Cinemalaya 2019 Pitstop: 'Sa Gabing Tanging Liwanag ay Paniniwala' by Francis Guillermo


This chilling psycho-horror short film tell a story about the disappearances of people and their identities. Dylan, the son of the town captain Soliman, had seen the missing people and knows where they are. But when Soliman and other townsmen began their search, Dylan knew that they might suffer the same fate. But when the search failed and Soliman made his way home and as days passed, Soliman’s team would come across bodies that seems to have no souls. Then one dark evening, Dylan knew Soliman had made it home, but it wasn’t his father. 

This short film Sa Gabing Tanging Liwanag by Francis Guillermo is also a political allegory on effect of the Marcos regime on the disappearance of people and their loss of identities. Inspired by the Philippine Mythological Folklore of Tambal, a creature who copies an individual while it leads its victim deep into the woods, the film questions and explores the mystery and fear surrounding the loss of identities and access to truths during the Martial Law.

The film competed in the Short Feature category at Cinemalaya, which celebrates its 15th year in existence this year. Just like in previous years, 10 original feature films and 10 short films were in competition for top honours in the film festival. For the first time in history this year, Cinemalaya went on the road across the Philippines, bringing its screening programme to Pampamga, Ilo Ilo, Legazpi, Naga, Bacolod, Davao and of course Manila. 


SINdie spoke with Francis for some insight into his mysterious film. Here is our interview.

What was the inspiration for the film?

The film was made under my Cinema 2 course in Far Eastern University during the final year of my Communication Degree.  We had to make a short film as one of the final requirements before graduating. But 2 years before the Cinema 2 course happened, I’ve already wrote the script during my Scriptwriting class. O

ne inspiration and origin of that script is the idea that not many young people of the current generation talks about the old fantasy/mythical creatures of the Philippine Culture. During my young years I would fancy hearing about different creatures that would run my imagination with fear and curiosity. But I’ve noticed that most of these stories are no longer being told as much as they were. 

There used to be countless films and TV episodes about these creatures but now, as the world moves forward to more technological things and different points of interests, it felt for me that these wonderful creatures are starting to fade.  



Are there contexts regarding this film that viewers from outside of Philippines may not understand immediately?

There are four contexts within the film that readers from outside of the country may or may not know. And it is sad to say that even my own countrymen might not know these contexts very well either. I’ll start off with the creature. The creature in the film is the Philippines’ version of doppelganger. It is called ‘Tambal’. It is a creature that has no definite form and lives within the forest, constantly looking for victims. The Tambal, usually taking the form of its previous victims, would gain a person’s trust and lure them deep into the woods. The Tambal creature would then copy the physical form of its victim and could do whatever it pleases with the purpose of being able to live as a human within our human world.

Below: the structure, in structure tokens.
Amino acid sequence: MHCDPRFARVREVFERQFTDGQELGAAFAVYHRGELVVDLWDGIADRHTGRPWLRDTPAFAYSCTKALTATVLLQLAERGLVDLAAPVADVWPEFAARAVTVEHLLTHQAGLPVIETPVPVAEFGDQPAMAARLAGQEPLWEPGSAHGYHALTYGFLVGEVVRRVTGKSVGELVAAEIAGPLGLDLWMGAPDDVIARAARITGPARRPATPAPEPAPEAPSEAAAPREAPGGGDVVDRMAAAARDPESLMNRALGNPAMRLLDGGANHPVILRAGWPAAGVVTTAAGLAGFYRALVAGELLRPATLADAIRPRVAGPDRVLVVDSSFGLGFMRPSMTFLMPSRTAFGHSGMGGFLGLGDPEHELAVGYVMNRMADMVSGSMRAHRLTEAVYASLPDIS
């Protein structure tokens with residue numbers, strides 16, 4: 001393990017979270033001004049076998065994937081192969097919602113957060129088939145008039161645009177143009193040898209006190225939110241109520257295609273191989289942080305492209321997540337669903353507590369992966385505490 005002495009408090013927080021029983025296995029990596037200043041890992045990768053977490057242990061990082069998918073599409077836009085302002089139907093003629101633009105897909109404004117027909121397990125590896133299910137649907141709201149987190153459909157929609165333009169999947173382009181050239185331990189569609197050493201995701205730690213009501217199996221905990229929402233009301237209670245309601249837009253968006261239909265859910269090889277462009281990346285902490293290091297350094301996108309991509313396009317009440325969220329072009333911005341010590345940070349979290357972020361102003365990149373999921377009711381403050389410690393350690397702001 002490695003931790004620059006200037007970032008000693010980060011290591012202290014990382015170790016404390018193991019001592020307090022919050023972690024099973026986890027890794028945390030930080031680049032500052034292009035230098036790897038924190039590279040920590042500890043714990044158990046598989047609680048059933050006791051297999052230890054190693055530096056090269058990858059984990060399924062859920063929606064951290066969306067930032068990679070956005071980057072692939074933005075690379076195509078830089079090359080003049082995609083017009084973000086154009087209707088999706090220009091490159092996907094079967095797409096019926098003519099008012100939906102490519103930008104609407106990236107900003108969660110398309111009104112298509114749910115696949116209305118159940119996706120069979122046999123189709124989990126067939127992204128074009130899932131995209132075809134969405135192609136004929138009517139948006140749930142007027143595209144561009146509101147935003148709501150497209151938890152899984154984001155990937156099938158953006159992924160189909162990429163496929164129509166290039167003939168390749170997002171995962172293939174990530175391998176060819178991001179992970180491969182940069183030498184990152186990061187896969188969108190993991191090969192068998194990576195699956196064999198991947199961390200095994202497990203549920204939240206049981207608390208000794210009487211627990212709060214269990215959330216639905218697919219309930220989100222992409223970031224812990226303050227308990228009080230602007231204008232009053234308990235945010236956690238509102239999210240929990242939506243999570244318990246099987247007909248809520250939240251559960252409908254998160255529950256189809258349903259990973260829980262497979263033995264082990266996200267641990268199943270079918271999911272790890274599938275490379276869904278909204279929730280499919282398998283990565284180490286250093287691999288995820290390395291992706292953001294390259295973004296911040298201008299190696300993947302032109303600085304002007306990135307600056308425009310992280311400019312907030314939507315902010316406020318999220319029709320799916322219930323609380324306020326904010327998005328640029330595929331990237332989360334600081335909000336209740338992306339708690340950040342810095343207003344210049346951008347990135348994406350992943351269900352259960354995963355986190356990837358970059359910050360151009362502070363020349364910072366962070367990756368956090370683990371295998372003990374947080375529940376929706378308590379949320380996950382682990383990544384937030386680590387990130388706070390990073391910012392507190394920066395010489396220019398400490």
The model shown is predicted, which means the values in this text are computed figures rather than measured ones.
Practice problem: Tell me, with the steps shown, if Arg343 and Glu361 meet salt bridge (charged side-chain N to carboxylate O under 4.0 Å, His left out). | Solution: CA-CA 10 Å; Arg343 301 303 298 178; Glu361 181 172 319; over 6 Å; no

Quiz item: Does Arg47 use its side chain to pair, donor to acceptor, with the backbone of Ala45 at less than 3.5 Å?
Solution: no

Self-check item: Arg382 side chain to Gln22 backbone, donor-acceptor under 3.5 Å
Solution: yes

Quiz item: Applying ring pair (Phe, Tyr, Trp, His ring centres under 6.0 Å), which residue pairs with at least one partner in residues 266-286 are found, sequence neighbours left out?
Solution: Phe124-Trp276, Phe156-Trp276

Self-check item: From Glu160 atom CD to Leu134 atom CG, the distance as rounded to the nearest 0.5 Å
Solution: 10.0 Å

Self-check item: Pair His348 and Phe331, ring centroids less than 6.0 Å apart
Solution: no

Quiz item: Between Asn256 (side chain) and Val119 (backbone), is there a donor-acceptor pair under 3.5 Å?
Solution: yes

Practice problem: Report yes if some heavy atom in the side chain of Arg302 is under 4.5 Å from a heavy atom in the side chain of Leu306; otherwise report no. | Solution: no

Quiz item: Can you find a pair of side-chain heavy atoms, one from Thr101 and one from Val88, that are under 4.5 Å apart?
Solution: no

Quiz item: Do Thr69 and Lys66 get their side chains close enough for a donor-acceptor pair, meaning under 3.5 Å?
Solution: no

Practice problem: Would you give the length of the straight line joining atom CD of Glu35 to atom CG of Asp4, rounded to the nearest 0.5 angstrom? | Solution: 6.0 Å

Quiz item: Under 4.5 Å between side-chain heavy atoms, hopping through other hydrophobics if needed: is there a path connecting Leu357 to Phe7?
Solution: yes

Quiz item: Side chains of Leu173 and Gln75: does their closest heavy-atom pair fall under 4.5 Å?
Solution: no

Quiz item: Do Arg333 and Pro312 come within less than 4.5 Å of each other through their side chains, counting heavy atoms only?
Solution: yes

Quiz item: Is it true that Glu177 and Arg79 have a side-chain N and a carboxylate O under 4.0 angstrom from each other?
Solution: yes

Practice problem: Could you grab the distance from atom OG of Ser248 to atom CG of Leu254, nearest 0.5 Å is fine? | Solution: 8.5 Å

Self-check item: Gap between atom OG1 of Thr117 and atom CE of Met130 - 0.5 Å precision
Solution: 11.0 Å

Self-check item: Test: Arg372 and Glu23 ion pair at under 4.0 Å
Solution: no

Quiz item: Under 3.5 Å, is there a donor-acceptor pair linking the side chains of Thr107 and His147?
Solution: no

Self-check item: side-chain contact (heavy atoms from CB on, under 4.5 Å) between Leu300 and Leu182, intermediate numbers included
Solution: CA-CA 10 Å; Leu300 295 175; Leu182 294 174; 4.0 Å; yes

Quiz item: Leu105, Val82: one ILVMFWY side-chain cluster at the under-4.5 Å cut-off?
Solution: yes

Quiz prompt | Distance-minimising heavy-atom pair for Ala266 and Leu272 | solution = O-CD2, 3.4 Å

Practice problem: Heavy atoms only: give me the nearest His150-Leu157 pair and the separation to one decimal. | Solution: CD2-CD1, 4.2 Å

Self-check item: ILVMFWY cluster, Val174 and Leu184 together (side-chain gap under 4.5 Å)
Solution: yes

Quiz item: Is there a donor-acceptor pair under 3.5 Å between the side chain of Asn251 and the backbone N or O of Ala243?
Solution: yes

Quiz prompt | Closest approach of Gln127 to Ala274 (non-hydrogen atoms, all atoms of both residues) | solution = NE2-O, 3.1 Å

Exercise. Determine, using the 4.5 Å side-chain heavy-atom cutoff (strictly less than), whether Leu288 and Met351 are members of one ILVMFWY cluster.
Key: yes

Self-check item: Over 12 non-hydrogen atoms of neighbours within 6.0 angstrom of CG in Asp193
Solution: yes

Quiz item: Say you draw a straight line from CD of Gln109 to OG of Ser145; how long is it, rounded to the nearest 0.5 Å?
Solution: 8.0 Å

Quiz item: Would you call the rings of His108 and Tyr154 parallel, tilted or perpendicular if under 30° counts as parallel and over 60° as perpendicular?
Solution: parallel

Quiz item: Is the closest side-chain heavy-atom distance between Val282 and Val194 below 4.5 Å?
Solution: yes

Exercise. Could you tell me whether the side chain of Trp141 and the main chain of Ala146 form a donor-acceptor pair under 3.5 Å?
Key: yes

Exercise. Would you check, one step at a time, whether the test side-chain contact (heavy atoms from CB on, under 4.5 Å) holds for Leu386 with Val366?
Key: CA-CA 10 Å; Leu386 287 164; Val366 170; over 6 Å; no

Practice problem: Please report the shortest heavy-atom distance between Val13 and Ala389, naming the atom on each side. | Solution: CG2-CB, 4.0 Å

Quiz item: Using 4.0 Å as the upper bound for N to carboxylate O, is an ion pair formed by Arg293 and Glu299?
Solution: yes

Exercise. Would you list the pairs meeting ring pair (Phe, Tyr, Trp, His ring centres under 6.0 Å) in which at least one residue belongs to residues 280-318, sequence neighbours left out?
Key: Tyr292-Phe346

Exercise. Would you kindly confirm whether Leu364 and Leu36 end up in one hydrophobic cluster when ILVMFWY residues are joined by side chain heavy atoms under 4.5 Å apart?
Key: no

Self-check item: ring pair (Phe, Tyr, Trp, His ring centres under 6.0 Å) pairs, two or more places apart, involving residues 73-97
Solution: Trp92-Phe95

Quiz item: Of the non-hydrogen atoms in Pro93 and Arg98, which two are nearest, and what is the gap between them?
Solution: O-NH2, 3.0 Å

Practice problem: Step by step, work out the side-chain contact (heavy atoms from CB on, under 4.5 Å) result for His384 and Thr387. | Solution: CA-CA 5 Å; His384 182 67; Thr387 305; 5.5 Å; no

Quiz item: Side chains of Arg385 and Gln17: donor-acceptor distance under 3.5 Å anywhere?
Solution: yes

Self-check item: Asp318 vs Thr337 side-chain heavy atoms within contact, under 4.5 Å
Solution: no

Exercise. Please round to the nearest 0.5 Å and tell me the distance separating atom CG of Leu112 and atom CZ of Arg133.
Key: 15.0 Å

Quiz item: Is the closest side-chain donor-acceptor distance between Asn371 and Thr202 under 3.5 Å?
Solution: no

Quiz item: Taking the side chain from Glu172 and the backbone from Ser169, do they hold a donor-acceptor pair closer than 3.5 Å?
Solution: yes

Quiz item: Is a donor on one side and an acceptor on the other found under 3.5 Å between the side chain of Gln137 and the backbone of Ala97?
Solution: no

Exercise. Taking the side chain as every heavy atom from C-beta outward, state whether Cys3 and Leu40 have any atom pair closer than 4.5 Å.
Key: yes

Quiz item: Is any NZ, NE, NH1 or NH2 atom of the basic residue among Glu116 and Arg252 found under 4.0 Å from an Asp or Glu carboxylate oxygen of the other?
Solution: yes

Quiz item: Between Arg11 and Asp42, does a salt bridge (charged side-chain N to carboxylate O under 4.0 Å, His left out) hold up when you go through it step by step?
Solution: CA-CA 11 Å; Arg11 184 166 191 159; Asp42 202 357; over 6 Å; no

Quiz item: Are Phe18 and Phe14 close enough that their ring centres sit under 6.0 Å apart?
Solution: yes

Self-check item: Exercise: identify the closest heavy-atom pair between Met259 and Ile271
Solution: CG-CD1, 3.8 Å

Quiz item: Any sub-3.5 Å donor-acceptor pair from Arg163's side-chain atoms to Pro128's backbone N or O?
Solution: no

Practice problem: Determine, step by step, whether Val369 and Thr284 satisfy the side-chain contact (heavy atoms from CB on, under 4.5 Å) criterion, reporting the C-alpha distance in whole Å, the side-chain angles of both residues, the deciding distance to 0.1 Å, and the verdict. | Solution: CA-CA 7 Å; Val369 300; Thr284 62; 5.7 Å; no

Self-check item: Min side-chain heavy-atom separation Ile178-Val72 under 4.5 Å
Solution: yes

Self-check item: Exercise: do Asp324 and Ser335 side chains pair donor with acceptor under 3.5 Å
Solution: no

The second and third is from the old Spanish Colonization Years  and the Philippine Martial Law under the Dictator Ferdinand E. Marcos. During the 1972 Martial Law, there were many reports of various disappearances within the country. While during the Spanish Colonization, these stories about creatures of the night were created by different priests in order to hide and create a terrifying explanation about the kidnappings and death of those who opposes their system. All of this Philippine Culture and History has led to the creation of this story which indirectly reflects to the intended fourth context, the current Philippine problem of Fake News. 

During my rewriting stages of the concept, the biggest concern of my country was the various killing under President Duterte’s Drug war, where most killings had no reasonable truth. In my imaginative mind, what is happening during the Drug War and how these deaths were being masked as death of “drug dealers” or “drug addicts” and the lack of the truth to the many deaths and even disappearances of people is quite similar and reflective to the story that I was going for. So I thought why not mix it all up since the current Leader of our country seems to like to keep us lost and spinning in circles in what is truly happening.

The reason why I said that even my own countrymen might not now these context is that because a lot of Filipino people are actually falling for the fake information from the killings of the present and a lot of Filipino people had seem to be forgetting about the past history of Martial Law. It is as if the current President is some sort of Tambal rewriting the past and the present.




What was the production process and challenges you faced, considering this was a final year project?